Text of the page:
Travel restrictions – Amended rules for cross-border employment
On 7 May 2020 the German Ministry of Finance (BMF) published a mutual agreement negotiated with Belgium regarding the taxation of cross-border employees. This complements the mutual agreements already reached with Luxembourg, the Netherlands and Austria.
The agreements effective only temporarily are intended to avoid tax disadvantages that may arise from a change in the right of taxation between the respective countries due to measures to combat the COVID-19 pandemic. This could occur, for example, if employees carry out their work from their home Office – contrarily to the approach followed before the pandemic – and thus fall short of the so-called “183-day period” stipulated in the double tax treaty (DTT) between Germany and Belgium.
The provisions in the individual DTTs and the above-mentioned mutual agreements differ in detail. The individual case is therefore decisive. In each case, however, appropriate documentation by the employer on the reasons for home office is required. In addition, the new provisions are also relevant in the consideration of wage tax (see also BMF circular dated 3 May 2018)
OECD – Overview regarding tax measures of OECD countries
Furthermore, we would like to draw your attention to the comprehensive OECD overview (“Tax Policy measures”) from the OECD Tax Database, which provides an overview of COVID-19 tax measures given in over 100 countries.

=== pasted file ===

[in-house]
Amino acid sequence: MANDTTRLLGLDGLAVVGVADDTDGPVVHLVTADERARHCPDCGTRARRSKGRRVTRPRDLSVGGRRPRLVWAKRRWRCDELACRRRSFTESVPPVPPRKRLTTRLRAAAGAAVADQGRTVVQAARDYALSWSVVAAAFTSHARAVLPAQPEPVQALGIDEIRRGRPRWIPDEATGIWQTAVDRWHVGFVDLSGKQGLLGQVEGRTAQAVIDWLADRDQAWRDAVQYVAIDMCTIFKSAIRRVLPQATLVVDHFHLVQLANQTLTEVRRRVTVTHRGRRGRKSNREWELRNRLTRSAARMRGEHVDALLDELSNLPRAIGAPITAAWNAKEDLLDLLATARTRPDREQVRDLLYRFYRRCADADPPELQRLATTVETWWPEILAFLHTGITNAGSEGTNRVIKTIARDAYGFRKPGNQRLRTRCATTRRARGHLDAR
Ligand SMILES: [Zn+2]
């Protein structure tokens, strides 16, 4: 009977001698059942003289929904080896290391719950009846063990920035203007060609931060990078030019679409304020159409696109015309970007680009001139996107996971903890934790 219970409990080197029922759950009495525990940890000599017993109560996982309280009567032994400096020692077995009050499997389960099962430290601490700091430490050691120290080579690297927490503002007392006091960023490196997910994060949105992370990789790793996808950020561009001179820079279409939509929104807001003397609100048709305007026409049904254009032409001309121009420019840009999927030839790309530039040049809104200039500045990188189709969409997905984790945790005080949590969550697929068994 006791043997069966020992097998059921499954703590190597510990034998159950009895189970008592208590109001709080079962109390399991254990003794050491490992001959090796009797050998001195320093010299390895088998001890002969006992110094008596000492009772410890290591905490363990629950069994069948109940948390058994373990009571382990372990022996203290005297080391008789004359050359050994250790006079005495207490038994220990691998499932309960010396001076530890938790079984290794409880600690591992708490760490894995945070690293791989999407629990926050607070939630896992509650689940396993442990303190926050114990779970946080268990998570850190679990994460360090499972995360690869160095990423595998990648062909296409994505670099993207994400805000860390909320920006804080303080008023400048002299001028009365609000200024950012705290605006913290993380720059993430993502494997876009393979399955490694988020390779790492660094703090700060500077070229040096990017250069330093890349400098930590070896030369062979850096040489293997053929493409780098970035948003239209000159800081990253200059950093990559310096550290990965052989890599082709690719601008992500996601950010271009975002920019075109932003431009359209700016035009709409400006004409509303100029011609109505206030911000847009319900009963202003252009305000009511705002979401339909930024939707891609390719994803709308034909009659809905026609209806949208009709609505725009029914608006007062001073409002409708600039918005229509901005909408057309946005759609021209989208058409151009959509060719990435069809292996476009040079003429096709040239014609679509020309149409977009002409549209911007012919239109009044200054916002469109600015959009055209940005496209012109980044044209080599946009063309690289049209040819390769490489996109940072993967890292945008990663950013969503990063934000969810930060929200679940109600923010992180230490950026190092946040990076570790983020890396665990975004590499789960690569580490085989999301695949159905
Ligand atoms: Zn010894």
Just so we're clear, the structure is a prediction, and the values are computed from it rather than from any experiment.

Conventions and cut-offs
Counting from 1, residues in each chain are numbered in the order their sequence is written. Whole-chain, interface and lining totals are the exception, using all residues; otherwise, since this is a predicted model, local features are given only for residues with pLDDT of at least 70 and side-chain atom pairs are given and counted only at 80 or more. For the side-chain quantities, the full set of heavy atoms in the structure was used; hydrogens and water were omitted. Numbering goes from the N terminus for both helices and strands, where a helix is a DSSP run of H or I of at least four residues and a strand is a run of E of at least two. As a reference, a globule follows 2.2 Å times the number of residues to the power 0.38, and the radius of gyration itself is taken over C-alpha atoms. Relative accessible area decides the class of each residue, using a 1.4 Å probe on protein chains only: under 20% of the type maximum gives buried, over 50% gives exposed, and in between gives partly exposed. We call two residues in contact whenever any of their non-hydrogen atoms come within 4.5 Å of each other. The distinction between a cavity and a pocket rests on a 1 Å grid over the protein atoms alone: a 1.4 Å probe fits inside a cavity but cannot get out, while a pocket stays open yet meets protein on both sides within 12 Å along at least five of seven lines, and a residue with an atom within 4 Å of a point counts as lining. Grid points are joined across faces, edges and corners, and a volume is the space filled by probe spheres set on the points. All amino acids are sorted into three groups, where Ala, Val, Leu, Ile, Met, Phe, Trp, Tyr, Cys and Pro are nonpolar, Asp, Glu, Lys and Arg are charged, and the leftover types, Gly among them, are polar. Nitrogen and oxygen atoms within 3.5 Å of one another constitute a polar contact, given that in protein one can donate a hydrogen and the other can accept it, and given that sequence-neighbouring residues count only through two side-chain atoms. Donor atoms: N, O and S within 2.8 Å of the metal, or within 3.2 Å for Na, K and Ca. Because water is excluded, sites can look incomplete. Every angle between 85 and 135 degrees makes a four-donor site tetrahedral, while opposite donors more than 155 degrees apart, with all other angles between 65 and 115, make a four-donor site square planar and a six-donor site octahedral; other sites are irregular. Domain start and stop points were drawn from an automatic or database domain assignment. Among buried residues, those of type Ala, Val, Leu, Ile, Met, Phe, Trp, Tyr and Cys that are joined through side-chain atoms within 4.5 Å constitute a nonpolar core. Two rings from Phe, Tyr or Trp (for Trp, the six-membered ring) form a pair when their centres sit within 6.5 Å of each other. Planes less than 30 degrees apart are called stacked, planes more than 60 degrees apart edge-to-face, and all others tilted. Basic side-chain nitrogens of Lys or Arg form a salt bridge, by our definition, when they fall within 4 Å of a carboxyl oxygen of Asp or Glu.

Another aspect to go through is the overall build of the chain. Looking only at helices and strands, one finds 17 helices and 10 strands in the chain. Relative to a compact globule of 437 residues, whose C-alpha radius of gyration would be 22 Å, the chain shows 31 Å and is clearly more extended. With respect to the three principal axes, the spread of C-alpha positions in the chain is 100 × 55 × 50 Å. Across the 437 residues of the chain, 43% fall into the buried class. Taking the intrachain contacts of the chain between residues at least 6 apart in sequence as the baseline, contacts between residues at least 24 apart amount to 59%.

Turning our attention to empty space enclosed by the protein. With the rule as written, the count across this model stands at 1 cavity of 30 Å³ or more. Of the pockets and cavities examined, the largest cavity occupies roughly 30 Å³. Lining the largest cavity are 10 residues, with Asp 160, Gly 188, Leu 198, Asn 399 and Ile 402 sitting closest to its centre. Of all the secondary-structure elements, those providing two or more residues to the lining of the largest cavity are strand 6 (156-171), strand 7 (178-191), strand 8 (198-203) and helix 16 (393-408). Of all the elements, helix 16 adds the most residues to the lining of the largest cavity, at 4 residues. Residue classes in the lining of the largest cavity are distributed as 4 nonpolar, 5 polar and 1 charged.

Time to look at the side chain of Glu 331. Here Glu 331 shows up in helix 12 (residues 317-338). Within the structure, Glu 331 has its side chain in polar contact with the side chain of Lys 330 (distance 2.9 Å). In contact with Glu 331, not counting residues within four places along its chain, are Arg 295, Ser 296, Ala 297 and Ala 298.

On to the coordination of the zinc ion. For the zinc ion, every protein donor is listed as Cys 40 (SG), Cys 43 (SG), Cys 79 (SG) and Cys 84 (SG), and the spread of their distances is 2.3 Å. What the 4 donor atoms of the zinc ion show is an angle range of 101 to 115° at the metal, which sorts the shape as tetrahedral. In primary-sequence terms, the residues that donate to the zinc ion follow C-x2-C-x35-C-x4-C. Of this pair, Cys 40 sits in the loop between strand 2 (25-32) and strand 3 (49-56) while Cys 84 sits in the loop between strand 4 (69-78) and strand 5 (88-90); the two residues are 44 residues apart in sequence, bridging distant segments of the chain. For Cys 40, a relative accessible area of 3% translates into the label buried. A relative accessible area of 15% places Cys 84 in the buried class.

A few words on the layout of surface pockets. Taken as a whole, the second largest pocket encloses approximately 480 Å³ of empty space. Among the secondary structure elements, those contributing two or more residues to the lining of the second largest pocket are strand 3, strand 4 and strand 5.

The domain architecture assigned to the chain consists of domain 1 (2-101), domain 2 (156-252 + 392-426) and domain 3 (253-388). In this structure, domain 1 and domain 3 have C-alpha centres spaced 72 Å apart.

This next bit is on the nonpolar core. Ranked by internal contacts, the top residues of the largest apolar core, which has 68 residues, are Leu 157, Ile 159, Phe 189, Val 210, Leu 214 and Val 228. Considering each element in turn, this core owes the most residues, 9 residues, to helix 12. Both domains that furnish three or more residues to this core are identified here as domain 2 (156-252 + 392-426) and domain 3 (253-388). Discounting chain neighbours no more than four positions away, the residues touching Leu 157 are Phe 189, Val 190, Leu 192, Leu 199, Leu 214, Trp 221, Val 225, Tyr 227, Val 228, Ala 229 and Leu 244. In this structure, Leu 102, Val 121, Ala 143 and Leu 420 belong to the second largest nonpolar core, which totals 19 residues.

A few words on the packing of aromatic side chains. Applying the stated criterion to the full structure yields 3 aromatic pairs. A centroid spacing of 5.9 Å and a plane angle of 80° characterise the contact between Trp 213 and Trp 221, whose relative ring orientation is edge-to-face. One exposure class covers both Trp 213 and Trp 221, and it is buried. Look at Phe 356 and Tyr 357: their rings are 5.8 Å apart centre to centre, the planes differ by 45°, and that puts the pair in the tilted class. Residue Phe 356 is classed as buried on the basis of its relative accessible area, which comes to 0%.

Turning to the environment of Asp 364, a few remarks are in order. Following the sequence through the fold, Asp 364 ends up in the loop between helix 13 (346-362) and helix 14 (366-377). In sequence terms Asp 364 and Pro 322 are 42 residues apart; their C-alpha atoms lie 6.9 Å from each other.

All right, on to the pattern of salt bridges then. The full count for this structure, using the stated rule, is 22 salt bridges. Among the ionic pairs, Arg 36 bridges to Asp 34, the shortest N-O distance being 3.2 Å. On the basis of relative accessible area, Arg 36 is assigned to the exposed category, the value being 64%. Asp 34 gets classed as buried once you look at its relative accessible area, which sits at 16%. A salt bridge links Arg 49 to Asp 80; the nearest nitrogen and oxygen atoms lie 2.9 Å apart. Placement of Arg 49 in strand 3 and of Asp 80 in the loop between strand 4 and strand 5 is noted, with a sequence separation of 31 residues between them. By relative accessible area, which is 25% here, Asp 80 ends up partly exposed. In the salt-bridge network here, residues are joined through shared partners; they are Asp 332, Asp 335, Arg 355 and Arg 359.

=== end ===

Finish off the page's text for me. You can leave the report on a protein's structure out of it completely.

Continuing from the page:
Companies are restarting (normal) operations after the first easing in the COVID-19 pandemic. Many of the occupational health and safety measures implemented to protect employees or for prevention purposes, as well as the implementation of short-time work, are subject to the co-determination provisions of Section 87 Works Constitution Act. The right of co-determination stipulates that the measures intended by the employer can be implemented only if the works council has given its consent. Below you will find some references to first court decisions.
The Labor Court Neumünster (4 BVGa 3a/20) has decided in interim proceedings at the request of a works council that the restart of work requires a consent of the works council regarding new work schedules (Section 87 para. 1 no. 2 Works Constitution Act), the implementation of short-time work (Section 87 para. 1 no. 3 Works Constitution Act), the execution of a risk evaluation (Section 87 para. 1 no. 7 Works Constitution Act) and the occupational health and safety measures to be taken (Section 87 para. 1 no. 7 Works Constitution Act). The operations were shut down again and the employer has to find an agreement with the works council.
The Labour Court Berlin (46 AR 50030/20) and the Labour Court Stuttgart (3 BVGa 7/20) had also decided that orders of the employer which are implemented in violation of the works council’s rights in occupational health and safety can be stopped.
The Labor Court Wesel (2 BVGa 4/20) has decided in interim proceedings that the employer must observe the works council’s rights of co-determination pursuant to Section 87 para. 1 no. 6 and 7 Works Constitution Act, if video recordings are made to monitor compliance with the safety distances recommended in connection with the COVID-19 pandemic.
Read more about the tax implications of the Corona crisis:
BMF specifies German tax reliefs during the Corona crisis
Law and taxes in times of Corona – The COVID-19 aid package at a glance